Friday, February 16, 2018

Footnote On The Mornings Post

It's interesting to consider that it was the male children who were subject to infanticide, a common practice all through the Pagan world but more often, than not, inflicted on girls.  This quote is taken from Chapter 1 of The Historical Jesus by John Dominic Crossan, it is so specific that Crossan can date it to June 18, 1 BCE:

Hilarion to his sister Alis many greetings, likewise to my lady Berous and to Apollonarion.  Know that we are even yet in Alexandria.  Do not worry if they all come back (except me) and I remain in Alexandria.  I urge and entreat you, be concerned about the child and if I should receive my wages soon, I will send them up to you.  If by chance you bear a son, if it is a boy, let it be, if it is a girl, cast it out [to die].  You have said to Aphorodiasias,  "Do not forget me."  How can I forget you?  Therefore I urge you not to worry. (Year) 29 of Caesar [Augustus] Panyi 23.  

That was a note found on a sheet of papyrus dug up in Egypt.  You can see from much more than a thousand years after the Exodus narrative, infanticide was routine and ordered in passing in a note.

The Jews were pretty close to unique in not sanctioning routine infanticide for either gender.  I've heard people going on about the non-sacrificing of Isaac and even, among some of the more informed of the uninformed, the story of Jephthah's daughter.  If I've ever heard any of them mention the common, everyday practice of infanticide in the surrounding peoples, especially the routine murder of daughters, except as in the case of such as Darwin and Haeckel who claimed that it had salubrious effects on the ever more superior survivors, it escapes my remembering it.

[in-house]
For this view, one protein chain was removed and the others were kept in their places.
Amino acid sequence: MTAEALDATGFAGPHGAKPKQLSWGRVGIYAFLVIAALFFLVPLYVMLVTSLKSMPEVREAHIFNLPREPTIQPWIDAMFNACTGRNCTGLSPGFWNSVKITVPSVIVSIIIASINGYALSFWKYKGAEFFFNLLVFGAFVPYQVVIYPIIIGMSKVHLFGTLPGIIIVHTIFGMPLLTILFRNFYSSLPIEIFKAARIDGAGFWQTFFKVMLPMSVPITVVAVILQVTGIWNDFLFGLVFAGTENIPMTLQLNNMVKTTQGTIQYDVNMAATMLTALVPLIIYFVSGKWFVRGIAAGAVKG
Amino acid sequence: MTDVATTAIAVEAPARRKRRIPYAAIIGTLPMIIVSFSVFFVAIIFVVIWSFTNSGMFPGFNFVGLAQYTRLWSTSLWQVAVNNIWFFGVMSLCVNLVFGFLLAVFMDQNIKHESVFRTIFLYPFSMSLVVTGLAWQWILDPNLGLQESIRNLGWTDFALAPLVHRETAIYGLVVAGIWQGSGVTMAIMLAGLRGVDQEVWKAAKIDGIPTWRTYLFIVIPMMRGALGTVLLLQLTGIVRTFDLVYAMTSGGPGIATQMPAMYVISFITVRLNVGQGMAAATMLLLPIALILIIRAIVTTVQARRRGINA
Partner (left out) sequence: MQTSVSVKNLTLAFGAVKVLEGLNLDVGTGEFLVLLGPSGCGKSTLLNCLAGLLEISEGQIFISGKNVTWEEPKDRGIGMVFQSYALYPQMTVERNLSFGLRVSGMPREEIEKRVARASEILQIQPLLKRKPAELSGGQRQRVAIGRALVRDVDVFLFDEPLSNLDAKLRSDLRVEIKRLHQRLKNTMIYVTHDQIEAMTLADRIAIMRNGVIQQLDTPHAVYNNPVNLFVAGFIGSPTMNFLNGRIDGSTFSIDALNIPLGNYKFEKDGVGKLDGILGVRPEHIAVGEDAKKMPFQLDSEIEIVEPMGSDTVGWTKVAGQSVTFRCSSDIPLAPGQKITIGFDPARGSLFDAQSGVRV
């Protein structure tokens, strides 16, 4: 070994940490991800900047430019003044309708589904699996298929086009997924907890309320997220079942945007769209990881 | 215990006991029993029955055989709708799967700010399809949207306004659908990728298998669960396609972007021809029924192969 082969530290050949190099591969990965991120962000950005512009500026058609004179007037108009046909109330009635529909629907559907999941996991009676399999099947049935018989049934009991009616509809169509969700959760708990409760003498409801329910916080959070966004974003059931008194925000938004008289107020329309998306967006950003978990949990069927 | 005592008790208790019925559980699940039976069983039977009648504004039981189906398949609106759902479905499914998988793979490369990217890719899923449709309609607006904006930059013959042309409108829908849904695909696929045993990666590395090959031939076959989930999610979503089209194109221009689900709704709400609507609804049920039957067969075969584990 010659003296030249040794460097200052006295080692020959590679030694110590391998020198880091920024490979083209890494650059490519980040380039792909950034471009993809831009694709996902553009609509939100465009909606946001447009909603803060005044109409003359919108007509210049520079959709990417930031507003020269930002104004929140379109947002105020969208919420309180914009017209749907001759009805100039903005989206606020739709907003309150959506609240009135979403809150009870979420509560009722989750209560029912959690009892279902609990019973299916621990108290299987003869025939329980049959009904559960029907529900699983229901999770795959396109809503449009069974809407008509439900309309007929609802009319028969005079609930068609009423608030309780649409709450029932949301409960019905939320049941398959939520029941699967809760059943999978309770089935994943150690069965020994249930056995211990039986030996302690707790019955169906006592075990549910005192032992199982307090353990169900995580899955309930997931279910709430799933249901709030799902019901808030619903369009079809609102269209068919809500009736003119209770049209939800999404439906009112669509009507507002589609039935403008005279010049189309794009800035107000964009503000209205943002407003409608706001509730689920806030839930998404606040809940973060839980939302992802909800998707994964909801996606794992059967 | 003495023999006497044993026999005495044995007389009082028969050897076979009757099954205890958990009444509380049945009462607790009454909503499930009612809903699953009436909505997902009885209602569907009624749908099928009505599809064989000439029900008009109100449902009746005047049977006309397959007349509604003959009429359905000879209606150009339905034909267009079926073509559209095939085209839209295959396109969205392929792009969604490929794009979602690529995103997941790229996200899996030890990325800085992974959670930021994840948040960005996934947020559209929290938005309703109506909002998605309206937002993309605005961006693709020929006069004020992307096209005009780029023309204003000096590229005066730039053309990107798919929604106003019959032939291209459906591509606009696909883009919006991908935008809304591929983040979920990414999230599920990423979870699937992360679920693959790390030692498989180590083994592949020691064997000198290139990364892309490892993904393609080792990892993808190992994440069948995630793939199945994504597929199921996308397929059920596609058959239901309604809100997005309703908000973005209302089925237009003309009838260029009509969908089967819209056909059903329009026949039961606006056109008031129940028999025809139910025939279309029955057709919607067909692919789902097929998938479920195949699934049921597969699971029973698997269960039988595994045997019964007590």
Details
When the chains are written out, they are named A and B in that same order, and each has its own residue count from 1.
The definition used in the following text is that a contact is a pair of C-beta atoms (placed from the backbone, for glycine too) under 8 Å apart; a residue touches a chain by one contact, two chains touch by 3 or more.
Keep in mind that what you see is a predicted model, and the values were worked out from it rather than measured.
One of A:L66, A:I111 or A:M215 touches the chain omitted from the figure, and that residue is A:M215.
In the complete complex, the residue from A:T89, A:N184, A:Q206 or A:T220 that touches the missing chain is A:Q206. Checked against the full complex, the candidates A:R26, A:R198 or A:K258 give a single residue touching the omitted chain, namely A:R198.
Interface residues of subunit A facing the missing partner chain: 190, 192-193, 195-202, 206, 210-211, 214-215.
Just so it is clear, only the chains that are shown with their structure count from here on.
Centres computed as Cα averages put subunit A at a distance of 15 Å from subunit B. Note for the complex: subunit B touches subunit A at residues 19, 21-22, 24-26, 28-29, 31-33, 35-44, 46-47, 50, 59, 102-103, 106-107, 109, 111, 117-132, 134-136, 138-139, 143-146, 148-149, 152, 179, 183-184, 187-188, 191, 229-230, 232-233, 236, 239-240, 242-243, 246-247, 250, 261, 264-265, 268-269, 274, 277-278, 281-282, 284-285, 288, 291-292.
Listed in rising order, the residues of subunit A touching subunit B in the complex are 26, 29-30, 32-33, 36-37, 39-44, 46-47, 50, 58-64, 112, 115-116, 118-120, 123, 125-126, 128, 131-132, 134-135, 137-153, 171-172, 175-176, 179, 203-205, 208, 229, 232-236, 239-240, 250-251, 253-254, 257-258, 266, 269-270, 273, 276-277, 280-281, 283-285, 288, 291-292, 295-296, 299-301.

Crossan's scholarship is wonderfully impressive and insightful, he has had a huge effect on my thinking about Christianity even as I find his conclusions in The Historical Jesus about the teachings of Jesus, his nature and identity and even his history to be unconvincing and, in many ways, beside the point.   I sense that, in some ways, it's a dated kind of scholarship that scrupulously applies methods that reduce the texts of their meaning and in opposition to the understandings and intentions of those who wrote them.  I find his reading of the papyri dug up to be much more sympathetic than his reading of the canonical scriptures.

You could contrast the popular and mid-to high brow intelligentsia's acceptance of that with a critical reading of 19th century biology which was written under a similar if not identical understanding and intention of methods but when you apply that to Darwin and those he cited, his immediate intellectual heirs (and even his actual heirs, his sons, daughters and grandchildren) the howls of protest are something to behold.

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